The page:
Telling the tale

Lead Review


The single most thrilling event in Gabriel García Márquez’s life, judging from the biography by Gerald Martin, took place in February 1950, when the novelist, who was 22 and not yet a novelist, though he was already trying to be, accompanied his mother to the backwoods town where he had spent his early childhood. This was a place called Aracataca, in the “banana zone” of northern Colombia. His grandfather’s house was there, and his mother had decided to sell it.

García Márquez himself has described this trip in his autobiography, Living to Tell the Tale. But Martin supplies, as it were, the fact-checked version — a product of the 17 years of research that went into Gabriel García Márquez: A Life, together with the benedictions of the novelist himself, who has loftily observed, “Oh well, I suppose every self-respecting writer should have an English biographer.” In Living to Tell the Tale, García Márquez says that, upon arriving at Aracataca, he entered the house and inspected the rooms. The English biographer, by contrast, observes that García Márquez has also said he never entered. Either way, he saw the house. Childhood vistas presented themselves, and vistas prompted thoughts.

García Márquez was engrossed just then in a study of Joyce, Woolf, Faulkner and Proust, in Spanish translation. He was learning to appreciate what Martin calls “the multiple dimensions of time itself.” And with a pensive gaze at the old house, he realised — here was the epiphany — he could invent himself anew. There was a way to become a member of the sleek novel-writing avant-garde, and this was to be the boy from Aracataca. And so he had his grand theme; and he had his writer’s persona, who was himself, as adult and child both; and he had his method of inquiry, which was to gaze back on his own most powerful childhood experiences.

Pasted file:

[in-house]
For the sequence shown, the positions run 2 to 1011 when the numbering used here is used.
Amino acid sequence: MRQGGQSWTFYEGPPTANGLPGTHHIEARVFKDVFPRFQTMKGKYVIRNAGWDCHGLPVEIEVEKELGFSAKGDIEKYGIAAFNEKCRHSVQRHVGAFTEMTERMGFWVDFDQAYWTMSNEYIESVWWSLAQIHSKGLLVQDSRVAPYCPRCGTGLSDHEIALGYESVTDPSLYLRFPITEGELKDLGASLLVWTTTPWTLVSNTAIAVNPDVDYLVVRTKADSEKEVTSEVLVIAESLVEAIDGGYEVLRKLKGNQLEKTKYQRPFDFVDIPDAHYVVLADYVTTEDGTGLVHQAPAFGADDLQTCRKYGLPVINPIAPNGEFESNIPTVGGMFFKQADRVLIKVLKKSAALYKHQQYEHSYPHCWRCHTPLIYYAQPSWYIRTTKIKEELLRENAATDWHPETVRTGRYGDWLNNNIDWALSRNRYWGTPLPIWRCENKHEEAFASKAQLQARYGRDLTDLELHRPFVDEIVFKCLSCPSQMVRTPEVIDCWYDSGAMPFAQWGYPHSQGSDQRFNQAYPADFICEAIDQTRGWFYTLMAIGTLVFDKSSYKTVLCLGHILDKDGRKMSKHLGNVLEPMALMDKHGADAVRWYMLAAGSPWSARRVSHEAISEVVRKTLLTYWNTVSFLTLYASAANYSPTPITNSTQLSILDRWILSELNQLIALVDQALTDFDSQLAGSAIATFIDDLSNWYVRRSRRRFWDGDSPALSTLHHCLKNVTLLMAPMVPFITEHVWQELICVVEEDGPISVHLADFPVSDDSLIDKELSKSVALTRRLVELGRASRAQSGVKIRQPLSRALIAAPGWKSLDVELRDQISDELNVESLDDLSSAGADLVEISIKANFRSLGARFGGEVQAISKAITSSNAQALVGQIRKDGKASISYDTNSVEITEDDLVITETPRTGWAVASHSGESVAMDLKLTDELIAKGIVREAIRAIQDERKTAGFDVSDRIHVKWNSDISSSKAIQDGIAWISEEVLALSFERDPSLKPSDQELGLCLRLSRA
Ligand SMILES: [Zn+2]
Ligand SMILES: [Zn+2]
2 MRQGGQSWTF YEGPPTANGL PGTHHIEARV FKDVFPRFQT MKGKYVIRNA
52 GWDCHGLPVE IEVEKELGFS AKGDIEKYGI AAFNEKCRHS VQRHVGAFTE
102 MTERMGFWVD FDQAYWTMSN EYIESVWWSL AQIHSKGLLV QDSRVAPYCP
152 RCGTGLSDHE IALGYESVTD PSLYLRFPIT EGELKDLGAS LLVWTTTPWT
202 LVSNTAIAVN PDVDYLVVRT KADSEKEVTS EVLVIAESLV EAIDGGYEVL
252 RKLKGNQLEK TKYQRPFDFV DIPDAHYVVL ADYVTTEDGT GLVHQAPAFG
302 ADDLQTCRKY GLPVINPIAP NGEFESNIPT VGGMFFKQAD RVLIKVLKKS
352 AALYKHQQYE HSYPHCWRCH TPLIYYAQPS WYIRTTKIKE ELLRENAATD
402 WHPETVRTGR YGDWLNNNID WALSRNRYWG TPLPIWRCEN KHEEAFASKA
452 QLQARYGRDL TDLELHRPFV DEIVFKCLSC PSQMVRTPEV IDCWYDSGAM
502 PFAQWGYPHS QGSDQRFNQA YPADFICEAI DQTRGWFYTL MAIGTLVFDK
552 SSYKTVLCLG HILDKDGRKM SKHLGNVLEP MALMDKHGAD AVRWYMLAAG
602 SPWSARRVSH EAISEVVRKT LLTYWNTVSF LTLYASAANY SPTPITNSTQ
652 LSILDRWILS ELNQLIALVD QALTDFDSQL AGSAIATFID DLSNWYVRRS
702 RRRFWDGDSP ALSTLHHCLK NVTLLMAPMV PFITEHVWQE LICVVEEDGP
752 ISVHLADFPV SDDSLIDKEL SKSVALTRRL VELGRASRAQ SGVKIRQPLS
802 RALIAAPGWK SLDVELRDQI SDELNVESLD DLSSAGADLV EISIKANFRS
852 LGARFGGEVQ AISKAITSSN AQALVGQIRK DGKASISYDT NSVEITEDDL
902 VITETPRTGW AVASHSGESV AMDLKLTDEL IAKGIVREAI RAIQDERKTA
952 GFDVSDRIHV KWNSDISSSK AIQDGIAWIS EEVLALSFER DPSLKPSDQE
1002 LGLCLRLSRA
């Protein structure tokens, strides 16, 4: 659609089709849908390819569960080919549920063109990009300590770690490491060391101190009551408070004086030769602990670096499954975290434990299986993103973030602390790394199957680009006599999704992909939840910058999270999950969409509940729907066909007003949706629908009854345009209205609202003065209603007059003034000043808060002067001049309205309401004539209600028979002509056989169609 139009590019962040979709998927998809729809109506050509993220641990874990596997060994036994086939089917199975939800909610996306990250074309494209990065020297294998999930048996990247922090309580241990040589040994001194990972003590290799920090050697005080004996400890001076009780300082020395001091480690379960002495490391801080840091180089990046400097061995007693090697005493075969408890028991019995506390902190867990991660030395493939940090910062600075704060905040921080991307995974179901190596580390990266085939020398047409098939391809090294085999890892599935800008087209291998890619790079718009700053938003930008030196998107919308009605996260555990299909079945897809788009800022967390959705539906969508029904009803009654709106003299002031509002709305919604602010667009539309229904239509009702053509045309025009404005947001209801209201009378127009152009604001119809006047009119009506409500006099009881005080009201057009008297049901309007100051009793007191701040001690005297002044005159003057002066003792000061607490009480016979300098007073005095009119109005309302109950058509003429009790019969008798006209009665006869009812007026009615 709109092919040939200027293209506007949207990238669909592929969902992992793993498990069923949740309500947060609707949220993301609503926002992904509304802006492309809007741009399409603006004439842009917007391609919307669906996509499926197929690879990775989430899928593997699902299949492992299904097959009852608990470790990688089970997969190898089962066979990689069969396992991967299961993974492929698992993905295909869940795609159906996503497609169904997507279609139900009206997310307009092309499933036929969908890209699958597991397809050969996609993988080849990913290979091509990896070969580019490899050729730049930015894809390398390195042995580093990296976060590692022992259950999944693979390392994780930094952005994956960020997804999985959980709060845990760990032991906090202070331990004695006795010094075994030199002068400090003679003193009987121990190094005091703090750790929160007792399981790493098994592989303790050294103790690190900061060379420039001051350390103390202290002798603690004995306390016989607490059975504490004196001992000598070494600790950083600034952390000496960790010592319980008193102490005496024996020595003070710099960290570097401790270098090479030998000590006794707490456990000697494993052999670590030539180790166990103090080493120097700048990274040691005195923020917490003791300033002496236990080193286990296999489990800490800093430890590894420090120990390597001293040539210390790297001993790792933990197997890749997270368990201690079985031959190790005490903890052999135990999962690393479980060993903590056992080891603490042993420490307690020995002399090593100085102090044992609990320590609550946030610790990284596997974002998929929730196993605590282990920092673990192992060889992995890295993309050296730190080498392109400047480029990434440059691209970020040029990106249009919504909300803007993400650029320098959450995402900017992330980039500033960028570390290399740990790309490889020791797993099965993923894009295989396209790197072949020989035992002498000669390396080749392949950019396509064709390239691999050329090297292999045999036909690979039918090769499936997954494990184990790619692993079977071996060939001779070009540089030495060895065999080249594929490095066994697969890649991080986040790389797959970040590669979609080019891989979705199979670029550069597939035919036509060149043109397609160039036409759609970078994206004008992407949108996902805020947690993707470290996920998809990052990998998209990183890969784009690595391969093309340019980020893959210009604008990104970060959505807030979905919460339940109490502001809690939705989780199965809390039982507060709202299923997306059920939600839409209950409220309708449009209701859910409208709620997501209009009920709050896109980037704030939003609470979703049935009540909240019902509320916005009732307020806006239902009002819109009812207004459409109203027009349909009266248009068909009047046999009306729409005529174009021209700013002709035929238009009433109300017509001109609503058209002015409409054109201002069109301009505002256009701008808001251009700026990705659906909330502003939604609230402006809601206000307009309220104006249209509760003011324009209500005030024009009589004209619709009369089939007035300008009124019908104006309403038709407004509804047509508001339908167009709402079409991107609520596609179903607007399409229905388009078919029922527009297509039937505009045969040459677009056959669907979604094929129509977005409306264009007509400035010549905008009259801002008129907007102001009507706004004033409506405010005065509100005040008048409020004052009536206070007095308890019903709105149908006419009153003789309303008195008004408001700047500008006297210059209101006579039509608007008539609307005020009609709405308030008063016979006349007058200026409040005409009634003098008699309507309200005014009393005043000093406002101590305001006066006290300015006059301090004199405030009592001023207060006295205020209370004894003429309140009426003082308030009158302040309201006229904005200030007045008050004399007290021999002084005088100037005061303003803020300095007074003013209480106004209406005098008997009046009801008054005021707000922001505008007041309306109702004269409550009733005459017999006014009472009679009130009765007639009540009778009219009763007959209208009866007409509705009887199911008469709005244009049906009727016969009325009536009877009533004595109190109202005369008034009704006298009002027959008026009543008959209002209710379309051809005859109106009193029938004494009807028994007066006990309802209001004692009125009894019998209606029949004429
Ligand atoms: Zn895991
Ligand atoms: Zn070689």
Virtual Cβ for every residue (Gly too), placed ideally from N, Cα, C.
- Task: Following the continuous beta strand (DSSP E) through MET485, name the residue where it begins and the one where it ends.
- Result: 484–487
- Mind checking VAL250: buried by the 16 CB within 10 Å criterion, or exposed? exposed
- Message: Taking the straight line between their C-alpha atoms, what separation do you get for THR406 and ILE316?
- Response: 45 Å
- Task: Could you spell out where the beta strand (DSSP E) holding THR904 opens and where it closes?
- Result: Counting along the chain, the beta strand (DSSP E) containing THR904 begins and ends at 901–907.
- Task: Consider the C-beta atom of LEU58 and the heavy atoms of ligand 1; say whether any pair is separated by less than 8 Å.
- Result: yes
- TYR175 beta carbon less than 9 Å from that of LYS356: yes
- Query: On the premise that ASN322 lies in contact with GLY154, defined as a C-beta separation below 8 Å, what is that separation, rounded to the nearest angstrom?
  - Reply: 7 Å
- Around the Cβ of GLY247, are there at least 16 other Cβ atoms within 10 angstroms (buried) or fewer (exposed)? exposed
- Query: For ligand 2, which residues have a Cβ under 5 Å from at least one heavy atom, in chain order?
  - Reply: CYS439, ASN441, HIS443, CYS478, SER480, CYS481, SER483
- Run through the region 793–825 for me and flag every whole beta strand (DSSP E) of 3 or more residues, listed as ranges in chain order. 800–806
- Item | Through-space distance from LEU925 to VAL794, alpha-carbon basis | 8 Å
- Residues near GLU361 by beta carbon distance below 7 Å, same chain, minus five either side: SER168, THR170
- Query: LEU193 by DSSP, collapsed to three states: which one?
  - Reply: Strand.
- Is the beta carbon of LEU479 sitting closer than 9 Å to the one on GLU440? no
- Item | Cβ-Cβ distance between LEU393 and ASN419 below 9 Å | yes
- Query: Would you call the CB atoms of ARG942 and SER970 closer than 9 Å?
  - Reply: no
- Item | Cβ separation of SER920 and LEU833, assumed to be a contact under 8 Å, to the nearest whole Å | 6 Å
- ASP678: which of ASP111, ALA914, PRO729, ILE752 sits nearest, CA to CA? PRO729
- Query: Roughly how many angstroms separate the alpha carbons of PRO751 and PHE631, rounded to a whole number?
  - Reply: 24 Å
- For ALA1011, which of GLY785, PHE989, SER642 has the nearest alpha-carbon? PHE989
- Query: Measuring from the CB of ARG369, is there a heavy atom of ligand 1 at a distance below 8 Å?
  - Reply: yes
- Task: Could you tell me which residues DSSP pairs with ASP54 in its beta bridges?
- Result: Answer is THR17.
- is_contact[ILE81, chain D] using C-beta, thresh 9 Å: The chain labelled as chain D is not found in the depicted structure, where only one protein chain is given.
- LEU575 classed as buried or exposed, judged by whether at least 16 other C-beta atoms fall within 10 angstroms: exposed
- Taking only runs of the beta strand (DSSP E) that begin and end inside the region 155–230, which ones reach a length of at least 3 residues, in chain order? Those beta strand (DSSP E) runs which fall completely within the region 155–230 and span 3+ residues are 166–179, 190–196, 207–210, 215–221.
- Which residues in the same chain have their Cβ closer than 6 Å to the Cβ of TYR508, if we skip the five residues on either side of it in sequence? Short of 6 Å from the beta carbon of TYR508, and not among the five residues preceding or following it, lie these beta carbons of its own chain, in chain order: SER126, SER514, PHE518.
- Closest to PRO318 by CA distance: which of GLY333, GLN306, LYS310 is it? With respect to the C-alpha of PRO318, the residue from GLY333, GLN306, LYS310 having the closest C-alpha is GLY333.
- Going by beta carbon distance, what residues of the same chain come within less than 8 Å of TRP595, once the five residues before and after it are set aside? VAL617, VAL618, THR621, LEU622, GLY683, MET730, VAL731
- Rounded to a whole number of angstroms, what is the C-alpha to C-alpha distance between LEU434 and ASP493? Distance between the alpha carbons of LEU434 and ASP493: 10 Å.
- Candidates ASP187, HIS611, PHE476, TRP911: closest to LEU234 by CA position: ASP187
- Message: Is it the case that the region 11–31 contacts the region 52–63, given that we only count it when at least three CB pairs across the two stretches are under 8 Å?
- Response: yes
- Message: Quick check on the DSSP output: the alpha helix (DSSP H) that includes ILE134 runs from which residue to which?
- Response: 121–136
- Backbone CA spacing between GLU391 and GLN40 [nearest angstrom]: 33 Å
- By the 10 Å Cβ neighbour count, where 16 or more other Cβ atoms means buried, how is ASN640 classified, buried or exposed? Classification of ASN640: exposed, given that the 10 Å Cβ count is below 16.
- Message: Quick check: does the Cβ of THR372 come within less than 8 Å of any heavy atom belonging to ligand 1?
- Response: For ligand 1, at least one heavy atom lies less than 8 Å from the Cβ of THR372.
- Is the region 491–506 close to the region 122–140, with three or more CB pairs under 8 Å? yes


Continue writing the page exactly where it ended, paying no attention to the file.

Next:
The opening sections of Martin’s biography are clogged with genealogical chronicles of the Garcías (the father’s family) and the Márquezes (the mother’s), snaking into the 19th century — a preposterously tangled story of cousins and noncousins united in wedlock, nonwedlock, near-incest, vendetta-mania and frontier trailblazing in the Colombian wilds, such that, after a few pages, you can hardly remember who is who, and where the murder took place, and what the civil war was about, or the next civil war, or the next.

You could even suspect that Martin, having set out to describe García Márquez, has ended up competing with him: where the novelist ornamented some versions of One Hundred Years of Solitude with a one-page genealogical table, the biographer has ornamented “Gabriel García Márquez” with seven pages of them.

But what else was a biographer to do? A kind of sea breeze of atmospheric moods blows across García Márquez’s work — a saline mood of unexplained and understated pathos, moods of delicate solidarity and even complicity with everything frail and cracked, a slightly morbid mood. And all of those moody currents seem to converge, in the end, on a single lush and regal emotion, which is nostalgia — García Márquez’s never-exhausted and always tender search for what he is not going to find: his own past, and his family’s, and the universe at his grandfather’s knee.

His childhood touched on one other experience, though, and this had nothing to do with family lore. Martin tells us that, as a child, García Márquez read Alexandre Dumas and A Thousand and One Nights. He was a normal boy. Mostly he was a normal Latin American.
He read the poets of Spanish literature’s ‘Golden Age’, the 16th and 17th centuries. And, in this fashion, he appears to have spent whole portions of his childhood dwelling not just in northern Colombia but also in the hyper-elegant universe of Luis de Góngora and the syllable-counting poets of imperial Spain, long ago — whose own memories reached spectrally back into the shadows of Roman myth and esoteric philosophy.

The lucky break in García Márquez’s life was to win a scholarship to an excellent college outside Bogotá, where his studies concentrated on still another of the early modernist writers, the Nicaraguan poet Rubén Darío.

The book is 642 pages long, and the first half of it, after completing the genealogical survey of northern Colombia, records the dreadful poverty that García Márquez and his wife and two sons endured before 1967, when One Hundred Years of Solitude finally lifted him into the comforts of multiple-home ownership and, in 1982, the Nobel Prize.

But the second half mostly recounts the novelist’s subsequent career as hobnobber among the powerful — a man who, according to his biographer, has laboured hard and long to get himself invited to the dinner tables of presidents, dictators and tycoons around the world. And among those many table companions, no one has mattered more to him than the maximum leader of the Cuban revolution, Fidel Castro, with whom García Márquez has conceived a genuine friendship.

 

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